Previous Page Page 147 Next Page  
background image




Other Airspace Areas

b. The purpose for establishing a temporary

flight restrictions area is to:


Protect persons and property in the air or on

the surface from an existing or imminent hazard

associated with an incident on the surface when the

presence of low flying aircraft would magnify, alter,

spread, or compound that hazard (14 CFR

Section 91.137(a)(1));


Provide a safe environment for the operation

of disaster relief aircraft (14 CFR Sec-

tion 91.137(a)(2)); or


Prevent an unsafe congestion of sightseeing

aircraft above an incident or event which may

generate a high degree of public interest (14 CFR

Section 91.137(a)(3)).


Protect declared national disasters for

humanitarian reasons in the State of Hawaii (14 CFR

Section 91.138).


Protect the President, Vice President, or other

public figures (14 CFR Section 91.141).


Provide a safe environment for space agency

operations (14 CFR Section 91.143).


Except for hijacking situations, when the

provisions of 14 CFR Section 91.137(a)(1) or (a)(2)

are necessary, a temporary flight restrictions area will

only be established by or through the area manager at

the Air Route Traffic Control Center (ARTCC)

having jurisdiction over the area concerned. A

temporary flight restrictions NOTAM involving the

conditions of 14 CFR Section 91.137(a)(3) will be

issued at the direction of the service area office

director having oversight of the airspace concerned.

When hijacking situations are involved, a temporary

flight restrictions area will be implemented through

the TSA Aviation Command Center. The appropriate

FAA air traffic element, upon receipt of such a

request, will establish a temporary flight restrictions

area under 14 CFR Section 91.137(a)(1).


The FAA accepts recommendations for the

establishment of a temporary flight restrictions area

under 14 CFR Section 91.137(a)(1) from military

major command headquarters, regional directors of

the Office of Emergency Planning, Civil Defense

State Directors, State Governors, or other similar

authority. For the situations involving 14 CFR

Section 91.137(a)(2), the FAA accepts recommenda-

tions from military commanders serving as regional,

subregional, or Search and Rescue (SAR) coordina-

tors; by military commanders directing or

coordinating air operations associated with disaster

relief; or by civil authorities directing or coordinating

organized relief air operations (includes representa-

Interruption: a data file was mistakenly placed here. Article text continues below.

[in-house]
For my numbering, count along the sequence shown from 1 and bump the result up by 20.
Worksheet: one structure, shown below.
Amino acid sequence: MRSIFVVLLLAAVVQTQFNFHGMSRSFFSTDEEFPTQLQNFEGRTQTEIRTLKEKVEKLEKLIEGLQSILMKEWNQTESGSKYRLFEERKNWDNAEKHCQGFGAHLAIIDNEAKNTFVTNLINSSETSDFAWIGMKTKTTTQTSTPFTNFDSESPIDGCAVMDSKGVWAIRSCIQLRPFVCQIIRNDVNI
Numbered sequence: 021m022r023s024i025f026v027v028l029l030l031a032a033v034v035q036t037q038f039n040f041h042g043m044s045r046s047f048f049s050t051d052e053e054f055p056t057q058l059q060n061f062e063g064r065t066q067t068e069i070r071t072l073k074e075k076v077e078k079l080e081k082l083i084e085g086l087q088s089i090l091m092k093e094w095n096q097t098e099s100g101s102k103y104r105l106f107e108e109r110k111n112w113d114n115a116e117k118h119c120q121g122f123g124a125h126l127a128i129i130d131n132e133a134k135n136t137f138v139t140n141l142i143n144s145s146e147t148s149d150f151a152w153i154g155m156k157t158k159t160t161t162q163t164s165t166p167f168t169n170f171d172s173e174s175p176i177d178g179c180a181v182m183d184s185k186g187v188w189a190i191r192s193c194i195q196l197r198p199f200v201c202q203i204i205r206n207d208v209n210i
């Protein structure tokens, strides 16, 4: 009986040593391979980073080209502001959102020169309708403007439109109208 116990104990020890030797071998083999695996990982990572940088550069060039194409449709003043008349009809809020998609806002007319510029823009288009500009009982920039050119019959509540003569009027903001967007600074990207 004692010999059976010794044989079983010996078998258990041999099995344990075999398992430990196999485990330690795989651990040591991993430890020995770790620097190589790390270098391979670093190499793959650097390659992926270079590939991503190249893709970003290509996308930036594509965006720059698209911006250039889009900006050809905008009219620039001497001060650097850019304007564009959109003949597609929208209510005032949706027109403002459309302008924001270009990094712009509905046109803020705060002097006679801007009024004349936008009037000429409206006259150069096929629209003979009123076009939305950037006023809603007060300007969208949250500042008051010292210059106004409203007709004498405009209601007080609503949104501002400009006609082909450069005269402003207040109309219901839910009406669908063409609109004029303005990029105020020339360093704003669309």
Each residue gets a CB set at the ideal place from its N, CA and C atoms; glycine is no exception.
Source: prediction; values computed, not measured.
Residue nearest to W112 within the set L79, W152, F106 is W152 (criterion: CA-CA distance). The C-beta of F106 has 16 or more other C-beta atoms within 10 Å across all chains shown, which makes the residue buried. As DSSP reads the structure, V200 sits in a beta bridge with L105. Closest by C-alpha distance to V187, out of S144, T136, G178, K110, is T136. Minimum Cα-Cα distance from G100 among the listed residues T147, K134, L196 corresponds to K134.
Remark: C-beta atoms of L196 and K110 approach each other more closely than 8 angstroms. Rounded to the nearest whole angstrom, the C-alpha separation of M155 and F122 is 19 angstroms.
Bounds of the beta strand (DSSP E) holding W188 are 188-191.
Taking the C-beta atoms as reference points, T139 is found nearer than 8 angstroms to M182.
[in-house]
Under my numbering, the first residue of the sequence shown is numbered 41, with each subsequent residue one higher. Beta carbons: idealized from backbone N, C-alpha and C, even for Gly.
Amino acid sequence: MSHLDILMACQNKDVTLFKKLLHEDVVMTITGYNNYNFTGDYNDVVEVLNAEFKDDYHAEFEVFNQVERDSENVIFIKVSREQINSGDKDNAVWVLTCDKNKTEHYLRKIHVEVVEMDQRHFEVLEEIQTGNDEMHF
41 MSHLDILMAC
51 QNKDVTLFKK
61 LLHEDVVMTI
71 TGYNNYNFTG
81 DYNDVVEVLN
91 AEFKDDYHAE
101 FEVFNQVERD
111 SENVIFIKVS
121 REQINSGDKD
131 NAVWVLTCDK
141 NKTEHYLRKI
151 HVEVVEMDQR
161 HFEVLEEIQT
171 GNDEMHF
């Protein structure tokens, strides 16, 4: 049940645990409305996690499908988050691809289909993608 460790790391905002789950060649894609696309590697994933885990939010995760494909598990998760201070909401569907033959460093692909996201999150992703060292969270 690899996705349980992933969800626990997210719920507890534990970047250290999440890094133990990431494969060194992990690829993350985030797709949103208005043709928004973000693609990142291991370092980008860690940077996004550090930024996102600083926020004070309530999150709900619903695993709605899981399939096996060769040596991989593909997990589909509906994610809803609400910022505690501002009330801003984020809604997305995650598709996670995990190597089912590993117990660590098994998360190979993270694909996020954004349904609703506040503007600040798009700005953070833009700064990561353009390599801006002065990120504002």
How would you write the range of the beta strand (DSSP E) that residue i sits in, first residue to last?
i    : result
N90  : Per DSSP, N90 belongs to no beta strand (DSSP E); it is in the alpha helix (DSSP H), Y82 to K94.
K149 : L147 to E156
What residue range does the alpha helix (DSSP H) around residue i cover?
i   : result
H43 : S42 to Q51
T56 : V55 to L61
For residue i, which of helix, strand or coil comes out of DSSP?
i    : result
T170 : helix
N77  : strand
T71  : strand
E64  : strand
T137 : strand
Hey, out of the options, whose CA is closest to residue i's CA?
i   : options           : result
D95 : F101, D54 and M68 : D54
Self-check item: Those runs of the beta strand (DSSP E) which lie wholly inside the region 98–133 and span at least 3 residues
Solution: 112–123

tives of the Office of Emergency Planning, U.S.

Forest Service, and State aeronautical agencies).

Appropriate authorities for a temporary flight

restrictions establishment under 14 CFR

Section 91.137(a)(3) are any of those listed above or

by State, county, or city government entities.


The type of restrictions issued will be kept to a

minimum by the FAA consistent with achievement of

the necessary objective. Situations which warrant the

extreme restrictions of 14 CFR Section 91.137(a)(1)

include, but are not limited to: toxic gas leaks or

spills, flammable agents, or fumes which if fanned by

rotor or propeller wash could endanger persons or

property on the surface, or if entered by an aircraft

could endanger persons or property in the air;

imminent volcano eruptions which could endanger

airborne aircraft and occupants; nuclear accident or

incident; and hijackings. Situations which warrant

the restrictions associated with 14 CFR Sec-

tion 91.137(a)(2) include: forest fires which are

being fought by releasing fire retardants from

aircraft; and aircraft relief activities following a

disaster (earthquake, tidal wave, flood, etc.). 14 CFR

Section 91.137(a)(3) restrictions are established for

events and incidents that would attract an unsafe

congestion of sightseeing aircraft.


The amount of airspace needed to protect

persons and property or provide a safe environment

for rescue/relief aircraft operations is normally

limited to within 2,000 feet above the surface and

within a 3−nautical−mile radius. Incidents occurring

within Class B, Class C, or Class D airspace will

normally be handled through existing procedures and

should not require the issuance of a temporary flight

restrictions NOTAM. Temporary flight restrictions

affecting airspace outside of the U.S. and its

territories and possessions are issued with verbiage

excluding that airspace outside of the 12−mile coastal


  Previous Page Page 147 Next Page